Better data handling is key to reducing energy consumption – NTT

While the amount of data generated is growing constantly, companies admit up to 60% of their data goes unused. This underscores the need for businesses to better understand their needs and improve data handling practices.

Tereza Krásová, Associate Editor

June 10, 2024

4 Min Read
Network panel switch and cables in a data center.
(Source: PIOTR PIATROUSKI/Alamy Stock Photo)

The volume of data people and companies generate never ceases to grow, and with it the amount of energy needed to sustain it. But as this trend is likely to continue while the climate gets more volatile due to global warming, it is crucial to reduce the environmental impact of data. 

Much like with an overflowing closet, perhaps the first step is to establish what we actually want and need to keep. A report from Omdia (a sister company of Light Reading), created in partnership with NTT Data and Net App, focused on the environmental cost of data and found that companies report about 60% of the data they store is unused. 

One thing that the vast amount of data has given the world is, arguably, the need to learn a new pre-byte prefix, with the study pointing to a Statista figure saying 7 zettabytes – or 7 trillion gigabytes, in more pedestrian terms – of data was generated worldwide in 2022. By 2025, this will go to up 180 zettabytes. This perhaps underscores why an energy efficient approach is important.

As stated earlier, the study points out that three-quarters of respondents report they store an average of up to 60% unused data. Identifying and removing unused and unneeded data therefore seems like one obvious way in which companies can be more efficient.

During an interview, Rika Nakazawa, group vice president for connected industry and head of sustainability for Americas at NTT DATA, also told Light Reading that one possible solution is tagging the data to indicate an expiration, at which point they can be deleted.

Understanding data

Asked how unused data was defined for the purposes of the study, Nakazawa admitted there wasn't a firm definition used as part of the survey. However, she acknowledged there may be some nuances in the data included in that category, in a way that's similar to the analogue world. 

"I just went through my clothes, and I'm like, 'will I wear this again?' I haven't worn it in three years. But I might wear it again, because it might become fashionable again, or am I going to regret throwing this away, or recycling it, rather," she said. 

But identifying what to keep is only the beginning. When it comes to managing data, Nakazawa says part of limiting its environmental footprint is understanding the fundamentals of data, like what it's used for and where the value is. 

Another important aspect, she says, is ensuring it's accessible. If it doesn’t need to be located on premises, it may be preferable to offload it to the cloud, where "economies of scale" can be created around CO2.

She noted that hyperscalers can often store data in a more energy-efficient way than what companies can achieve on-site.

She added: "I think it's about figuring out how to understand the kind of data that's dynamic, that you need now, or what are the things that you think you might need, but is there a more efficient way to be able to store it, to manage it?"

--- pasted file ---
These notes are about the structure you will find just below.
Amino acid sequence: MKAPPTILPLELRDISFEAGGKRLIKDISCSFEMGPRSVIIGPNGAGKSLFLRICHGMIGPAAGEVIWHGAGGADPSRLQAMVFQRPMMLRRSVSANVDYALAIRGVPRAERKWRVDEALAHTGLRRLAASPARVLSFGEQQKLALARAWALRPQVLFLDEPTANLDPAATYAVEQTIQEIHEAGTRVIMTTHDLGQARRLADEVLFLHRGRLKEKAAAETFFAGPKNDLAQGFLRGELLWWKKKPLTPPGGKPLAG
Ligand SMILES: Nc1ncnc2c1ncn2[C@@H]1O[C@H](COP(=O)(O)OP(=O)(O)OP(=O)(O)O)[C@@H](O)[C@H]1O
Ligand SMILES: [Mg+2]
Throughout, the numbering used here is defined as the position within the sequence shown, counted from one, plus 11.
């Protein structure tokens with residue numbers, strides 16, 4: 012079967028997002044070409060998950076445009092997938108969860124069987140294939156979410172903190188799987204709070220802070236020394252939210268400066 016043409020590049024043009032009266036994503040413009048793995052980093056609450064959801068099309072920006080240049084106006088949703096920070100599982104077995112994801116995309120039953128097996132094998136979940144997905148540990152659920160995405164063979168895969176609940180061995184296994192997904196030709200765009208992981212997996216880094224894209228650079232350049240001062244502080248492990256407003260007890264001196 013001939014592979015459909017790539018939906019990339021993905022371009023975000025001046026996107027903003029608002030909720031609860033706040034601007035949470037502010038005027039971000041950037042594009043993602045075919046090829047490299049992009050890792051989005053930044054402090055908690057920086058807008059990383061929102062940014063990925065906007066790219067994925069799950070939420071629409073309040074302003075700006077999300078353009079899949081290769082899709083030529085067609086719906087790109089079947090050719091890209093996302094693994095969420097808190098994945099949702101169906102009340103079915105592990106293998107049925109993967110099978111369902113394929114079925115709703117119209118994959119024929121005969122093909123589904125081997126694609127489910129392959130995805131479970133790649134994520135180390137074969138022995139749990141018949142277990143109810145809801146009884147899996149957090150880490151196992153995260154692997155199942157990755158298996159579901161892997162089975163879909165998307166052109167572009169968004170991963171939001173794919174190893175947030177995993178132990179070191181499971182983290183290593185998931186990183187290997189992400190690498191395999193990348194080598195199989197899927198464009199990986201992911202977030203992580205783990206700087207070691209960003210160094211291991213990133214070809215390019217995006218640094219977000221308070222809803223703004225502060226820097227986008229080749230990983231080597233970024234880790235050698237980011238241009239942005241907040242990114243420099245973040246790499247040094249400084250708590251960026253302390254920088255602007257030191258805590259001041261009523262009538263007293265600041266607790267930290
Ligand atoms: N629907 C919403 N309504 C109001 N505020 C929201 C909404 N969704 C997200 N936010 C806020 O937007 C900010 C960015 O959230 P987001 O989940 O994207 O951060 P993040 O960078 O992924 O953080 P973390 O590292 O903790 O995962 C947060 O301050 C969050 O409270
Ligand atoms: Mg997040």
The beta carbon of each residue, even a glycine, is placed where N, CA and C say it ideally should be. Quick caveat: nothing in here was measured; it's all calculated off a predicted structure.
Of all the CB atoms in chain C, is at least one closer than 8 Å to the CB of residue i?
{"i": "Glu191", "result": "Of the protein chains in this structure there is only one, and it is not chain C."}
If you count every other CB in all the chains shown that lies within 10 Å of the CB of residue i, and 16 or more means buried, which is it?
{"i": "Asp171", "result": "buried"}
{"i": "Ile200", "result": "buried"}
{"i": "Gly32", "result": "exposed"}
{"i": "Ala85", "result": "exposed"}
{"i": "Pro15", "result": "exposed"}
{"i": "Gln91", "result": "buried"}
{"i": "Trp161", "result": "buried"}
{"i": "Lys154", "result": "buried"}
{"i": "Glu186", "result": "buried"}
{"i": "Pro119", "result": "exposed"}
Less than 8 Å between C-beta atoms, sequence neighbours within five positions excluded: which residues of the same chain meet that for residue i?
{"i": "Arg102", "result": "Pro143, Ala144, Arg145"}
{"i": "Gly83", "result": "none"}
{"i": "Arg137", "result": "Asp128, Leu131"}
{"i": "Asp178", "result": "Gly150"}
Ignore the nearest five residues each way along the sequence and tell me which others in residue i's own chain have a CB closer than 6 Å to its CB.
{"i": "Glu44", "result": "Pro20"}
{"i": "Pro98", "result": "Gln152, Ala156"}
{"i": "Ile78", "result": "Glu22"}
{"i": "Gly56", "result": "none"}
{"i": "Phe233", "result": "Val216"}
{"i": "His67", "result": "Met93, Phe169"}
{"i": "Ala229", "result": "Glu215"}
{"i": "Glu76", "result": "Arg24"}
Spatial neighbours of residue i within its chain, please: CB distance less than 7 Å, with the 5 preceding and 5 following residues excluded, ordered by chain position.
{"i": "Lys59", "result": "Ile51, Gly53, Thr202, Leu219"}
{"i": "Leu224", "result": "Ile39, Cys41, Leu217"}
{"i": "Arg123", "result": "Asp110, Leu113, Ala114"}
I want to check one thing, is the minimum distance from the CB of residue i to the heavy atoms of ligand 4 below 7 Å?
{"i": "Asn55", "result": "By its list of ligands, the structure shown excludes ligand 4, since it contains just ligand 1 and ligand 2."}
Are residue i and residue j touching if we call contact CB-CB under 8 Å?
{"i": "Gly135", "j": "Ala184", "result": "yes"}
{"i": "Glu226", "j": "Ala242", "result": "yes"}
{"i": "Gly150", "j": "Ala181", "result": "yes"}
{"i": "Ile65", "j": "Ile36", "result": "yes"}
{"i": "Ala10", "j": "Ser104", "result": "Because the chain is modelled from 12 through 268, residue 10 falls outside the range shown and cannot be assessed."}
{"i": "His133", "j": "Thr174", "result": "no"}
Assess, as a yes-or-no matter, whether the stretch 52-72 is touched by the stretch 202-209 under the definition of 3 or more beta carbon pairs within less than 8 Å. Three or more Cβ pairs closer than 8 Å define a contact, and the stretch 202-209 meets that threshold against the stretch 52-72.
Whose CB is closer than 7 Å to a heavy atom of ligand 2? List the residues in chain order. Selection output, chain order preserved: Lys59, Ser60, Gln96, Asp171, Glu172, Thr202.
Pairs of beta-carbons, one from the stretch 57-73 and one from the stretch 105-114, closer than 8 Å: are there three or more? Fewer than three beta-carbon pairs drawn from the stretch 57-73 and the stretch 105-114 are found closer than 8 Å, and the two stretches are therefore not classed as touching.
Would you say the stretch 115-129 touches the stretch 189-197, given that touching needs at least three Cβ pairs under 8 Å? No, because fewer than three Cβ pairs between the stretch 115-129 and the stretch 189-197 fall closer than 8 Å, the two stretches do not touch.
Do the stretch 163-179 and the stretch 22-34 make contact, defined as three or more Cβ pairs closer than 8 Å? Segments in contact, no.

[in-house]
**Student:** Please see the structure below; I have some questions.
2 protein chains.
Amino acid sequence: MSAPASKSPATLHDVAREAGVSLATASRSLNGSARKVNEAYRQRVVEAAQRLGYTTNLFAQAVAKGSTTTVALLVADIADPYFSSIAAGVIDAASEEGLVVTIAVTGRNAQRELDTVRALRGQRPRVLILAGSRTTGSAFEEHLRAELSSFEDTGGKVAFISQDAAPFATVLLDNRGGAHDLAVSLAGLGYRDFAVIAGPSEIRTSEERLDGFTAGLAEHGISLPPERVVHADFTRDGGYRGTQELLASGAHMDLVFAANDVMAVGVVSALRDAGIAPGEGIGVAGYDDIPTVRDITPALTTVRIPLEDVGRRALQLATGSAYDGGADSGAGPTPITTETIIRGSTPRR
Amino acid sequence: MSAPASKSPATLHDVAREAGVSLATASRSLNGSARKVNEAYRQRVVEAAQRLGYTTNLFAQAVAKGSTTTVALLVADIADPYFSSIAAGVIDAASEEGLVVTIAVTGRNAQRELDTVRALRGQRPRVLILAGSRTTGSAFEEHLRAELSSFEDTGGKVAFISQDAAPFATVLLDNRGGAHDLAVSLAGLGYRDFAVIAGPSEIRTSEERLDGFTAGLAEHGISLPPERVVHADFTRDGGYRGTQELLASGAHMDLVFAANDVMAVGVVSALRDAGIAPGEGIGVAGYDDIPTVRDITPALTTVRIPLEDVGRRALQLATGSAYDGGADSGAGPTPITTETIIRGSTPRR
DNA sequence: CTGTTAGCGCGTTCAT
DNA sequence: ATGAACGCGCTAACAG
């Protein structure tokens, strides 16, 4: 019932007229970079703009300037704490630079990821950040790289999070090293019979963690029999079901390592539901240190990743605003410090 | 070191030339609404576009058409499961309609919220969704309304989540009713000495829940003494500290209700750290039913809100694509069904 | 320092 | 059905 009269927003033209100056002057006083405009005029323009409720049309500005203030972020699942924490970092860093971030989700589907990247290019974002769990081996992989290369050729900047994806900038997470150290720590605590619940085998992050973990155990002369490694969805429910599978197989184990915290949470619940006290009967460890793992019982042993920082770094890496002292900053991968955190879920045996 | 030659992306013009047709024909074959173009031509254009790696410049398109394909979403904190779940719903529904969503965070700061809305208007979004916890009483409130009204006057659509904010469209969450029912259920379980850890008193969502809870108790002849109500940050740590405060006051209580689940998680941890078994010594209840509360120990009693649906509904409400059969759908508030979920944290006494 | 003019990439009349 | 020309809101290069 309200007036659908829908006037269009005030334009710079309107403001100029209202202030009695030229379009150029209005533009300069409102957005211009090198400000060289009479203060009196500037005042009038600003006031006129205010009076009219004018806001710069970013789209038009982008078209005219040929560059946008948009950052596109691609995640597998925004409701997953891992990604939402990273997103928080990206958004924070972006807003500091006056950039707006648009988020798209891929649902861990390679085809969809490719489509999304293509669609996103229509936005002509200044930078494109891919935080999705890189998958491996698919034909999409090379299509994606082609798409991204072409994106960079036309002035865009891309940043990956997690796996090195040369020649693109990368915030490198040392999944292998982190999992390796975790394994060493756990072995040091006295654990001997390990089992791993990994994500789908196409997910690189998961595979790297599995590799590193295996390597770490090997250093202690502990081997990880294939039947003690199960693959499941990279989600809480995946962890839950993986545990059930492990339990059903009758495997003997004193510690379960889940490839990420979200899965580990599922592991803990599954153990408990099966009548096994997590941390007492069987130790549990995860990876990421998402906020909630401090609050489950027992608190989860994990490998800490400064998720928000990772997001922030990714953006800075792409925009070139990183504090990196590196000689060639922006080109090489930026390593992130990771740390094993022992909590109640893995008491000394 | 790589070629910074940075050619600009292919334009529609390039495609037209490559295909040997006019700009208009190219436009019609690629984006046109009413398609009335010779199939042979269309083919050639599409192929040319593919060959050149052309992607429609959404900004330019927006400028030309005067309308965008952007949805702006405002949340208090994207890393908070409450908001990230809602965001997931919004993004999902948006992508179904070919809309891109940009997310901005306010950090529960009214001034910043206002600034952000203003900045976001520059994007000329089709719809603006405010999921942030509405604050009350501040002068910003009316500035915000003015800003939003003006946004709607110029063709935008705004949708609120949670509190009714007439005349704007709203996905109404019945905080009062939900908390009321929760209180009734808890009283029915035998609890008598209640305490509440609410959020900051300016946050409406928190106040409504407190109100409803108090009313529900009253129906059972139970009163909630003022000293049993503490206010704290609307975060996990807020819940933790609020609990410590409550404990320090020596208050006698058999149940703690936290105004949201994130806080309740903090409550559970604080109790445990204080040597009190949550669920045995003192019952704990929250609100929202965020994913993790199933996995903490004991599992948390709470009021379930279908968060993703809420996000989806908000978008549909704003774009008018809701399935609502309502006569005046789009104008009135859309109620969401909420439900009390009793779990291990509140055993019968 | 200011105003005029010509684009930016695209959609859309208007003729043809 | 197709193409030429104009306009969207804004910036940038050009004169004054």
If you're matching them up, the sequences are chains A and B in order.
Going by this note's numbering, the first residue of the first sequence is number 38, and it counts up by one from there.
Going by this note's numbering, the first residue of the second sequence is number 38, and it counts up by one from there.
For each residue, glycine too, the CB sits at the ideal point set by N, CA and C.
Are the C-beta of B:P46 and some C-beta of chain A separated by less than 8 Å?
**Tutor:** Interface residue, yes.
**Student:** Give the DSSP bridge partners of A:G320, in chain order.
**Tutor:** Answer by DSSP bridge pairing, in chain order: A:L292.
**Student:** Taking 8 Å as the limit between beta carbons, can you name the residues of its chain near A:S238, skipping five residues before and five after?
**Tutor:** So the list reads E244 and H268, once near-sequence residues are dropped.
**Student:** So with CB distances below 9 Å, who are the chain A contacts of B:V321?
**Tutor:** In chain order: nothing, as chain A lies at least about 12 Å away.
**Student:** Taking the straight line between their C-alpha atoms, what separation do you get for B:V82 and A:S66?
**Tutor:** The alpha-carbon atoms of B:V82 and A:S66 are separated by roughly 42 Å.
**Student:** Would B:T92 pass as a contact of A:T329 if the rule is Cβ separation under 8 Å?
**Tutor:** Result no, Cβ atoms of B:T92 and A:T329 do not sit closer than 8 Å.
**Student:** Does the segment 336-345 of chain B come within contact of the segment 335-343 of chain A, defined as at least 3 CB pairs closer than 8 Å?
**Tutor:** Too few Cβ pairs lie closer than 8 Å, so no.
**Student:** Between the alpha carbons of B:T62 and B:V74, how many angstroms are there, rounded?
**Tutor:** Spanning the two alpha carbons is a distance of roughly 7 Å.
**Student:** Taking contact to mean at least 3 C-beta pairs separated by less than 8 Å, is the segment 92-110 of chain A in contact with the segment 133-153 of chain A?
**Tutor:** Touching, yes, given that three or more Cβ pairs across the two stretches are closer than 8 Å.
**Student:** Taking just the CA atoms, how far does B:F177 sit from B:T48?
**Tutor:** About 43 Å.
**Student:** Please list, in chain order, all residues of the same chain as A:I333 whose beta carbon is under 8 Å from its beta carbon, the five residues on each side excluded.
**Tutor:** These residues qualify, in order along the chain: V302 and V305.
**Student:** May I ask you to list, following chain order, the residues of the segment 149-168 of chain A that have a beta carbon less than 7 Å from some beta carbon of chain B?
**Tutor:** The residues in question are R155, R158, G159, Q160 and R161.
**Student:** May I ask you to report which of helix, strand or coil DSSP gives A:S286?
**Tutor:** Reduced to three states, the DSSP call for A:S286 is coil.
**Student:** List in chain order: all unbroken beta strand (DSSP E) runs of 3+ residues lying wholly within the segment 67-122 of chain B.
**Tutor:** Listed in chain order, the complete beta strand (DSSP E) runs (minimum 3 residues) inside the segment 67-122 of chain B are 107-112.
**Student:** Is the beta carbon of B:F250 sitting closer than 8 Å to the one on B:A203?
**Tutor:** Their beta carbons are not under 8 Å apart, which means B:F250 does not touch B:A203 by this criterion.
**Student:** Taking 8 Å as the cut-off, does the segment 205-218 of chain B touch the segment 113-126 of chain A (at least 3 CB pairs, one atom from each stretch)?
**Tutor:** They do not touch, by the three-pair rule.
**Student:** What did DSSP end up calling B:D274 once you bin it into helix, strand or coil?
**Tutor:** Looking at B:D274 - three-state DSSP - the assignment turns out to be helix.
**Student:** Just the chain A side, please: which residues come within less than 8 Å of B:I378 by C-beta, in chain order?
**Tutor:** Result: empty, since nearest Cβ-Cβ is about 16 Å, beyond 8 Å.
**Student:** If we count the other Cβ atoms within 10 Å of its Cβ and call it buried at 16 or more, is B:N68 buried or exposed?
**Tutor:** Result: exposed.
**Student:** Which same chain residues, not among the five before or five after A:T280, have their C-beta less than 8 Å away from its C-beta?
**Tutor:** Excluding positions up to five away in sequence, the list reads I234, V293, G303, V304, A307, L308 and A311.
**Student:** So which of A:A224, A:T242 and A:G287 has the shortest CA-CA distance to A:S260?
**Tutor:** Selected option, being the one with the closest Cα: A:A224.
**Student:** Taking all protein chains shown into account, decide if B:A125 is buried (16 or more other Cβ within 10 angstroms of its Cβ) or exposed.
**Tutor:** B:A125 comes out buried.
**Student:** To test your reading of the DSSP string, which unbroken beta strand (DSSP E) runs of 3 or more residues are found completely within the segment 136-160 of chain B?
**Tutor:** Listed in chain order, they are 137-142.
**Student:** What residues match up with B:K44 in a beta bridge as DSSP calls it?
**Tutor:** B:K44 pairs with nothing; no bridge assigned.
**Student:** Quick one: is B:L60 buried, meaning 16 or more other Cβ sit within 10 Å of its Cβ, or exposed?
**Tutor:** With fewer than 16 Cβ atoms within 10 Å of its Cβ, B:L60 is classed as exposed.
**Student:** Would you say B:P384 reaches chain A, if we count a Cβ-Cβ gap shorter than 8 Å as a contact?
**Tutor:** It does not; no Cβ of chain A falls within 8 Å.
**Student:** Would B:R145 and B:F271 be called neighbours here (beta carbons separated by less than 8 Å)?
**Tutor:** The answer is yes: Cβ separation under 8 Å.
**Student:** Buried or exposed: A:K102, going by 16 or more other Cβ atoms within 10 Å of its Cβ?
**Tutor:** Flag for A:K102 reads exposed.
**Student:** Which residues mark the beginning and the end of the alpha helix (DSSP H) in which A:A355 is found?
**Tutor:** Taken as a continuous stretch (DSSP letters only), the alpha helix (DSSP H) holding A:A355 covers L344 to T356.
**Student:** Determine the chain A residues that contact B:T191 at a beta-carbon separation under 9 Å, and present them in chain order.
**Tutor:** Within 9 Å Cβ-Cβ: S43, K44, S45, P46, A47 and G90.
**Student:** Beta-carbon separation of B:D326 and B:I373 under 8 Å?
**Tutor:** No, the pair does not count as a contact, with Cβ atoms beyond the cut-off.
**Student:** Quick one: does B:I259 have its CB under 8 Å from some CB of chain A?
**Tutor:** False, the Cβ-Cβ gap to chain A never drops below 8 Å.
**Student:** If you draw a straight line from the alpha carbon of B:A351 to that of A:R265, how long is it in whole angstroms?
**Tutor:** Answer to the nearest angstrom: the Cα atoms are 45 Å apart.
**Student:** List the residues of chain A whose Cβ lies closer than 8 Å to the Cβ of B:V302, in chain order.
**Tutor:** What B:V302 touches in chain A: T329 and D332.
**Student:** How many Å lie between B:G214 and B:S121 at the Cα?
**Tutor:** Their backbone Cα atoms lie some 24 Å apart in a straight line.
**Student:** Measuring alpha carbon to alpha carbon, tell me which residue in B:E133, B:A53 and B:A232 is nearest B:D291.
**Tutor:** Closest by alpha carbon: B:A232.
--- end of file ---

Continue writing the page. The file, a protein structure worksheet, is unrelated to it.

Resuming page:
That type of prioritization requires a company to have a clear idea of what it wants to achieve, and storing the needed data accordingly, says Nakazawa. 

For NTT, another part of the picture is finding a more sustainable way to transport data. Nakazawa highlighted the company's Innovative Optical and Wireless Network (IOWN) and the all-photonic network, a project that seeks to harness photonic-based technology to enhance energy efficiency and transmission capacity of data handling, spanning all aspects, from the network to terminals.

More data incoming

But she also acknowledged that energy consumption isn't the only area in which data sustainability can be improved. She also notes that the use of water for cooling is becoming problematic in areas where it is scarce. This resonates with a recent NGMN study, which argued zero water use should be a long-term goal for data centers.

Nakazawa points out that the problem will only get more pressing, given there are "parts of the world that are still getting more and more digitalized," saying "I think it's about finding the way to create that choreography between having good data hygiene on the one side, and then on the other side knowing the inevitability of just more and more data coming forward."

While she acknowledges that generative AI will also lead to more data traffic, she adds "I'm of the mind that AI is actually going to help us be more efficient with our energy."

Later in the conversation she pointed to the 3D mapping technology AW3D, co-developed by NTT, which the company is currently in the process of enhancing to be able to use it in more contexts. This could be a digital map of a site like a city or a mine, where additional data such as IoT or historical data about natural disasters could be overlaid to run stimulations about the impact of natural disasters.

About the Author(s)

Tereza Krásová

Associate Editor, Light Reading

Associate Editor, Light Reading

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